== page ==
In this study, we investigated alteration in GMD among representative TAO patients with or without DON. Compared to N-DON, GMD was decreased significantly in DON, mainly in the right middle temporal gyrus, left middle frontal gyrus, left superior frontal gyrus, and right middle frontal orbicular gyrus. The cortical visual processing network includes dorsal and ventral pathways. The middle temporal gyrus is a key node in the dorsal pathway, which involves in visuospatial functions and visual motion [29-31]. The middle frontal gyrus and superior frontal gyrus take part in the oculomotor control, which is closely related to dorsal and ventral pathways. [32-34].
Thyroid dysfunction could influence a wide range of visual pathways, including retina cone opsin expression, myelination in optic nerve[9-11], and visual gyrus[12, 13]. Besides, abnormal limbic regions caused by dysfunction of thyroid are mostly temporal and frontal lobes [36, 37], which is consistent with our findings.
Previous studies have indicated that both hypothyroidism and hyperthyroidism can lead to brain abnormalities in structure and function[12, 40]. A study on 2557 individuals suggested that patients with hypothyroidism had significantly lower total brain volume than the normal. Hypothyroidism could cause a reduction in grey matter volume (GMV) in the left postcentral gyrus and cerebellum. Reduction in white matter volume was also observed in the cerebellum, right superior frontal gyrus, middle frontal gyrus, right anterior central gyrus, and right temporal gyrus. Through VMB analysis, hyperthyroid patients exhibit reduced GMV in the hippocampus, parahippocampal gyrus, calcarine, lingual gyrus, and left temporal pole, which are critical for memory, attention, emotion, vision, and motor planning.
For brain connection, thyroid dysfunction also leads to abnormal functional connectivity (FC) in the brain. Resting-state magnetic resonance imaging (rs-MRI) identified a significant decrease in hippocampus volume and functional FC in regions of the right front-parietal network, medial visual network, and motor network in hypothyroid patients . Compared with healthy controls, patients with hyperthyroidism exhibited increased FC in the bilateral anterior insula (AI), bilateral posterior insula (PI) and left anterior lobe of the cerebellum (ALC); whereas decreased FC in the bilateral lateral prefrontal cortex (LPFC), right medial temporal gyrus (MTG) and bilateral posterior cingulate cortex (PCC). Even more, short-term hyperthyroidism could lead to abnormal connection in brain.
No study on the effect of dynamic thyroid function on brain structure has been reported. Krausz Y et al. compared regional cerebral blood flow (rCBF) between hypothyroid patients and health subjects during euthyroid state after treatment. Compared with controls, rCBF in hypothyroid patients before treatment was lower in the right parietooccipital gyri, cuneus, posterior cingulate, lingual gyrus, fusiform, insula, and pre- and postcentral gyri. Perfusion failed to recover to normal when the thyroid function returns to normal state . These findings were validated by later researches. According to the above discussion, the brain function of patients with hypothyroidism can not be completely recovered after a thyroid hormone supplement, which indicates that the dynamic abnormality of thyroid hormone may lead to brain dysfunction.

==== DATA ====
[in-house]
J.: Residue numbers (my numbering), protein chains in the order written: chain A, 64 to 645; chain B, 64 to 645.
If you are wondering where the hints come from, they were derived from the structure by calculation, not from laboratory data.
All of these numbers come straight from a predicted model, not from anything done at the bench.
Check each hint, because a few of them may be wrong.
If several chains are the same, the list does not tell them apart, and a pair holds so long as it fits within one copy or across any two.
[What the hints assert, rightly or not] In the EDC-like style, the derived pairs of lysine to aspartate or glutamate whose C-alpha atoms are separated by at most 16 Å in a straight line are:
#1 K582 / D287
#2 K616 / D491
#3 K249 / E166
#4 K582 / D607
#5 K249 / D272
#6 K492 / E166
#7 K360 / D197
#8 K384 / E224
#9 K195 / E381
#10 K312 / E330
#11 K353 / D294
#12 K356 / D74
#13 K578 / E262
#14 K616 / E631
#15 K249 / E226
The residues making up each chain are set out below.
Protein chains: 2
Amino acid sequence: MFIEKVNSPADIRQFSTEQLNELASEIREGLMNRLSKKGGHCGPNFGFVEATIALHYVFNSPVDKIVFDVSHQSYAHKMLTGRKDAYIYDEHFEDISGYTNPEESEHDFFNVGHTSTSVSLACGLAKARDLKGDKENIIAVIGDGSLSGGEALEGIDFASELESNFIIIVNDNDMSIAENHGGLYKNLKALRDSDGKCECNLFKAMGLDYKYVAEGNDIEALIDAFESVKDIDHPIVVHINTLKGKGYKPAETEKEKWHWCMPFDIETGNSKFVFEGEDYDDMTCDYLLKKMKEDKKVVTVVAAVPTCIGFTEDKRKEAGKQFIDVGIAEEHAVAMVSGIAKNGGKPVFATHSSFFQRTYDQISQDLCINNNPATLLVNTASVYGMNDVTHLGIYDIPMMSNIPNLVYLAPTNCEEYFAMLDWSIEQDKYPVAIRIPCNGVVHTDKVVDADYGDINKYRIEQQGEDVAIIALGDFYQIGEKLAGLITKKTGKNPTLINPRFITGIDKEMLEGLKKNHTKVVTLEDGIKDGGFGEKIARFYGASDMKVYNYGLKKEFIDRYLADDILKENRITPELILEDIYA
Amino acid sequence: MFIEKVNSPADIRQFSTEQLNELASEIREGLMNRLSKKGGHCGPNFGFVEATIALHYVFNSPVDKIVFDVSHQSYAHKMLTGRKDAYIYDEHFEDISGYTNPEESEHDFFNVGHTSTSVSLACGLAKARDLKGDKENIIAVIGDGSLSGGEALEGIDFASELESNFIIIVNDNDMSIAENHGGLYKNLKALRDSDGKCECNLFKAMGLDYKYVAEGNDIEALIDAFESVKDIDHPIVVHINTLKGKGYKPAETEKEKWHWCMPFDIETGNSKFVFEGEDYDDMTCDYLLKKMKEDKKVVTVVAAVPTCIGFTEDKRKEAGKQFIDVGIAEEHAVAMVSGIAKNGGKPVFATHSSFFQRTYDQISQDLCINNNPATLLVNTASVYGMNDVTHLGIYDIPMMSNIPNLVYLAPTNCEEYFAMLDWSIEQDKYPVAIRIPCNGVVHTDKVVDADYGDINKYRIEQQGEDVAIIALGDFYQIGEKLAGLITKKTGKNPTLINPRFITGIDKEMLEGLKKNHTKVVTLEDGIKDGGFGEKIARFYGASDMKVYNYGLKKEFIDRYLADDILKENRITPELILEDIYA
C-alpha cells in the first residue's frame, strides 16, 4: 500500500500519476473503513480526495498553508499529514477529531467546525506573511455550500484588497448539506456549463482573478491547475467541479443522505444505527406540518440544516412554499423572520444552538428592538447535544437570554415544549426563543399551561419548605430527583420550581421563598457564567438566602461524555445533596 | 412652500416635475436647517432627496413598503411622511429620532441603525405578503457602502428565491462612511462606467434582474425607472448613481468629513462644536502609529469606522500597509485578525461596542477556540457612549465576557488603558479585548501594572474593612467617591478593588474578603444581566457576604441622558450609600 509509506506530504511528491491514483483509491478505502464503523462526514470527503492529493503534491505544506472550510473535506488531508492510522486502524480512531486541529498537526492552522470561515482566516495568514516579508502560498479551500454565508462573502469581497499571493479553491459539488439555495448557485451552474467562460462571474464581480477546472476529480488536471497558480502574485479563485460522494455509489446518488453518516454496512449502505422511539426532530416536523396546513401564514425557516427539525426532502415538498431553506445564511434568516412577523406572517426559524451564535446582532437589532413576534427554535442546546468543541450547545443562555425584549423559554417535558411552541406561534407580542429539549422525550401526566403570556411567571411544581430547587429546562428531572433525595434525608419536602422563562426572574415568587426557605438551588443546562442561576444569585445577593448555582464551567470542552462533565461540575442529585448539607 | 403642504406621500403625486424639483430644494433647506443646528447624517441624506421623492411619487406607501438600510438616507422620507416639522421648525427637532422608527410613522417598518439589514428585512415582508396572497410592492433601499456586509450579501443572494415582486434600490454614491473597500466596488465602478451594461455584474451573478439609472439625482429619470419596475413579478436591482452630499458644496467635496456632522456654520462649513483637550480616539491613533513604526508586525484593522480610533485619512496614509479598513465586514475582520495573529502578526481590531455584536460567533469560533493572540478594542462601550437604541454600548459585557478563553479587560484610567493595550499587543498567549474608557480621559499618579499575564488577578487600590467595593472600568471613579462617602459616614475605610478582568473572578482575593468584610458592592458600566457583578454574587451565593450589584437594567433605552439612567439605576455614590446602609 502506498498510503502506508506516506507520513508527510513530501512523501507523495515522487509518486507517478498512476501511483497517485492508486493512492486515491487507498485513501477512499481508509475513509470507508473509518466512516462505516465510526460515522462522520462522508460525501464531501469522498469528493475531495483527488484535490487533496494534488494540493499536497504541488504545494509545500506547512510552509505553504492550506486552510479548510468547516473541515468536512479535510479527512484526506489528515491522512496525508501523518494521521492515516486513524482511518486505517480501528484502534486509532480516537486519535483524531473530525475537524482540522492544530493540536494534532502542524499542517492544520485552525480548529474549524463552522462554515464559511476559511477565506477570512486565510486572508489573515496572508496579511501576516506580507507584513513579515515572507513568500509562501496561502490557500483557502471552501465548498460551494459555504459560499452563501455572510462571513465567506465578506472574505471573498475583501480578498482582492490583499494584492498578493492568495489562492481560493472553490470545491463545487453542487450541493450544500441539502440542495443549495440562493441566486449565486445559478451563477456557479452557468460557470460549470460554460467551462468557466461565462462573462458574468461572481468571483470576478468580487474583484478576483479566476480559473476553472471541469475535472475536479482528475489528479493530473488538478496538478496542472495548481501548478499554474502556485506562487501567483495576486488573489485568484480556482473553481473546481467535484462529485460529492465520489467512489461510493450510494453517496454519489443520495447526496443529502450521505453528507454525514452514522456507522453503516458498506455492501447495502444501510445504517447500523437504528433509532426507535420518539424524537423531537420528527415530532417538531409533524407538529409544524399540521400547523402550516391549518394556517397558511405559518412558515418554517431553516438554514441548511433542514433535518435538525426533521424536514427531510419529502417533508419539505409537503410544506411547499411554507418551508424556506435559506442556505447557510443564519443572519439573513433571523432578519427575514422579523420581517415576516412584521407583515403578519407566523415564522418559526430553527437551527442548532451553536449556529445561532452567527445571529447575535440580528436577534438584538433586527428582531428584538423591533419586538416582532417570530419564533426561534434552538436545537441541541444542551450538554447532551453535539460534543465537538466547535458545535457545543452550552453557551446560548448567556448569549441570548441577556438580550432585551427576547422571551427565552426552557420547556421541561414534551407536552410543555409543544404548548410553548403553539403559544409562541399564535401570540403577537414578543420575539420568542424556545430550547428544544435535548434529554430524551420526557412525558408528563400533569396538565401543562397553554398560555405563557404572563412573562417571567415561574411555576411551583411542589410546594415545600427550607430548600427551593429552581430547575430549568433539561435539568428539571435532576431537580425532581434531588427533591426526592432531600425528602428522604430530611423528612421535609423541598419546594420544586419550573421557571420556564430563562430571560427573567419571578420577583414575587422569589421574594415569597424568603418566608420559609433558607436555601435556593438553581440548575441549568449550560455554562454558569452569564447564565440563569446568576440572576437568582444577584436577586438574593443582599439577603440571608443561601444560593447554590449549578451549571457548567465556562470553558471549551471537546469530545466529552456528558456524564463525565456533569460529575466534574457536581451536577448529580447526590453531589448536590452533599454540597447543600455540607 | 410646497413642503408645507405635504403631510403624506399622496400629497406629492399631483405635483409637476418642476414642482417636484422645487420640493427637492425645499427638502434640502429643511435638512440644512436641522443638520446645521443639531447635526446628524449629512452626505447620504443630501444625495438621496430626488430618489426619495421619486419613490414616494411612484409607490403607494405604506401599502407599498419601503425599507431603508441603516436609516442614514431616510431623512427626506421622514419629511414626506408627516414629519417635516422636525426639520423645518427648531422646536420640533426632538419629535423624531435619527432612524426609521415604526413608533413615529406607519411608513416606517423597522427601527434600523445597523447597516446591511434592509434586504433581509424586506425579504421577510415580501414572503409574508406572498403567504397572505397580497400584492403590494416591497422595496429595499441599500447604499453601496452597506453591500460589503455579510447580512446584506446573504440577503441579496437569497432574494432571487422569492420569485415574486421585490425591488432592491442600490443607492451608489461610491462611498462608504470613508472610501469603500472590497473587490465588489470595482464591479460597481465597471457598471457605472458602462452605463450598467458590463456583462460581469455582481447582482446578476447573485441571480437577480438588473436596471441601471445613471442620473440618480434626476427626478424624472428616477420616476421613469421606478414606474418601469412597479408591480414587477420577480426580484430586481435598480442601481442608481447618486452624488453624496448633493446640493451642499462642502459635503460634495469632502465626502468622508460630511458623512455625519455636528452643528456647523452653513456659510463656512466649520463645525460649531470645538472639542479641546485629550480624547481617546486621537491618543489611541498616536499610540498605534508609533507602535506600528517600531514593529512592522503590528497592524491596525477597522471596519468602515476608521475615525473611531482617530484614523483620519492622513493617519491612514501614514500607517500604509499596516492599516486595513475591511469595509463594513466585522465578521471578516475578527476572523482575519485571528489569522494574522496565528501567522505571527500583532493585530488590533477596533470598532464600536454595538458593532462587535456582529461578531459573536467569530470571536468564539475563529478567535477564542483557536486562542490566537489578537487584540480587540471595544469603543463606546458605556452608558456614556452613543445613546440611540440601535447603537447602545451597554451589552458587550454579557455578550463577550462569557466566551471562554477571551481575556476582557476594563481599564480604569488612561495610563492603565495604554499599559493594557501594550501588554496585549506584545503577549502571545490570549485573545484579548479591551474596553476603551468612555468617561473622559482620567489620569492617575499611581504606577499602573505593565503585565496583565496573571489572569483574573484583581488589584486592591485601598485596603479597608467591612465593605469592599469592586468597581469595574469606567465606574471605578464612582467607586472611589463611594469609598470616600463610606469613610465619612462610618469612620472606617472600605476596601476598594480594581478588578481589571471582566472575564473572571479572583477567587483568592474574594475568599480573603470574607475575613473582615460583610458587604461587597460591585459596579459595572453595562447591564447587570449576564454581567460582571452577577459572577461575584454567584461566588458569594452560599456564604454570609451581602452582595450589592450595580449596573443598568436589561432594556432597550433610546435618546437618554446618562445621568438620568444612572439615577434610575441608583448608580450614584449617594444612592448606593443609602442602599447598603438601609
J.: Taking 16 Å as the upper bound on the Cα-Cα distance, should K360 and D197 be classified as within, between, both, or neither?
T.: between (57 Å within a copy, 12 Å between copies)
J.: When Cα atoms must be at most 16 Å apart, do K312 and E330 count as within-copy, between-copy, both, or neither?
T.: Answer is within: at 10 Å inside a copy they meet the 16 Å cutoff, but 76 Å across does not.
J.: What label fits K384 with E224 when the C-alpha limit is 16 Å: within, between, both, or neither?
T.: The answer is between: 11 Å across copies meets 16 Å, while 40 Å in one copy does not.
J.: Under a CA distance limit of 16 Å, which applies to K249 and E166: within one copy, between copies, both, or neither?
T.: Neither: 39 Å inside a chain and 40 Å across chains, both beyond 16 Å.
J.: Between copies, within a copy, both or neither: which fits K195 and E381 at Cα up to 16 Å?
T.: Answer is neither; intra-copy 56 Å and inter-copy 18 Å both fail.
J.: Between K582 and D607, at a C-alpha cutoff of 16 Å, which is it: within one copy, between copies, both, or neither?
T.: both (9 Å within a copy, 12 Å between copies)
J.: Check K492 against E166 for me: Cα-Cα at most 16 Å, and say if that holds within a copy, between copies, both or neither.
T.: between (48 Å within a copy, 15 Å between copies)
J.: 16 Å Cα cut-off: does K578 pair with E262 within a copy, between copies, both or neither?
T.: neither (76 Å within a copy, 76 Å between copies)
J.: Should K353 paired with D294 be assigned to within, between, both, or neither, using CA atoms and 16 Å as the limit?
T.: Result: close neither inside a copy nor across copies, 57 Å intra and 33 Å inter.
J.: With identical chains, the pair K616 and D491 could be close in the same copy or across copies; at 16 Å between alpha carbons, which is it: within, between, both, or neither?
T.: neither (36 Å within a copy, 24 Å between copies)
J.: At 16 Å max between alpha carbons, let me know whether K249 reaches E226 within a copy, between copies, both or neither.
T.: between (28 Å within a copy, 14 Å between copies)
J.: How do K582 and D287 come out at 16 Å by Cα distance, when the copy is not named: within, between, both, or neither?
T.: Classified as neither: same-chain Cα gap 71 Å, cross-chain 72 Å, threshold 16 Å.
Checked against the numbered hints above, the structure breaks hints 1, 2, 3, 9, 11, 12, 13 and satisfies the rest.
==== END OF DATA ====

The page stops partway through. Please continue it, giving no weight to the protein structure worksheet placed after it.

The pathogenesis of DON remains unclear. The DON was caused by compression associated with edema and increased volume of orbital tissue. Muscle index[3, 4] was applied to evaluate crowded orbital apex, with several contradictions in the follow-up studies [4-6]. Recently, researchers proposed that the maximum diameter of rectus muscle was an important quantifiable predictor of compressive optic neuropathy in TAO . In our study, the difference in orbital apex crowding between the two groups was minimized. Therefore, under the circumstance of excluding crowded orbital apex, the DON group experienced a decrease in gray matter density in different brain areas, which was similar to that caused by dysthyroid function.It is well accepted that thyroid dysfunction is closely related to the development and in proportion to the severity of TAO. So, Thyroid abnormalities might be related to abnormal changes in the brain regions of patients with DON. In this study,there was no significant difference in T3, T4, and TSH between the two groups, but 6 patients (18.75%) had been diagnosed with hypothyroidism. This may be because we can not reflect the long-term dynamic changes of thyroid hormone levels when we detect thyroid hormone levels at a time point. Therefore, it is necessary to further study the long-term dynamic thyroid hormone level of large sample
This study had several limitations. First, the sample size of each group was relatively small. Further studies are required to reproduce our findings by recruiting a large cohort of patients. Second, this study was cross-sectional, which made it difficult to evaluate if increased GMD of the higher vision cortex could be influenced by prolonged illness duration.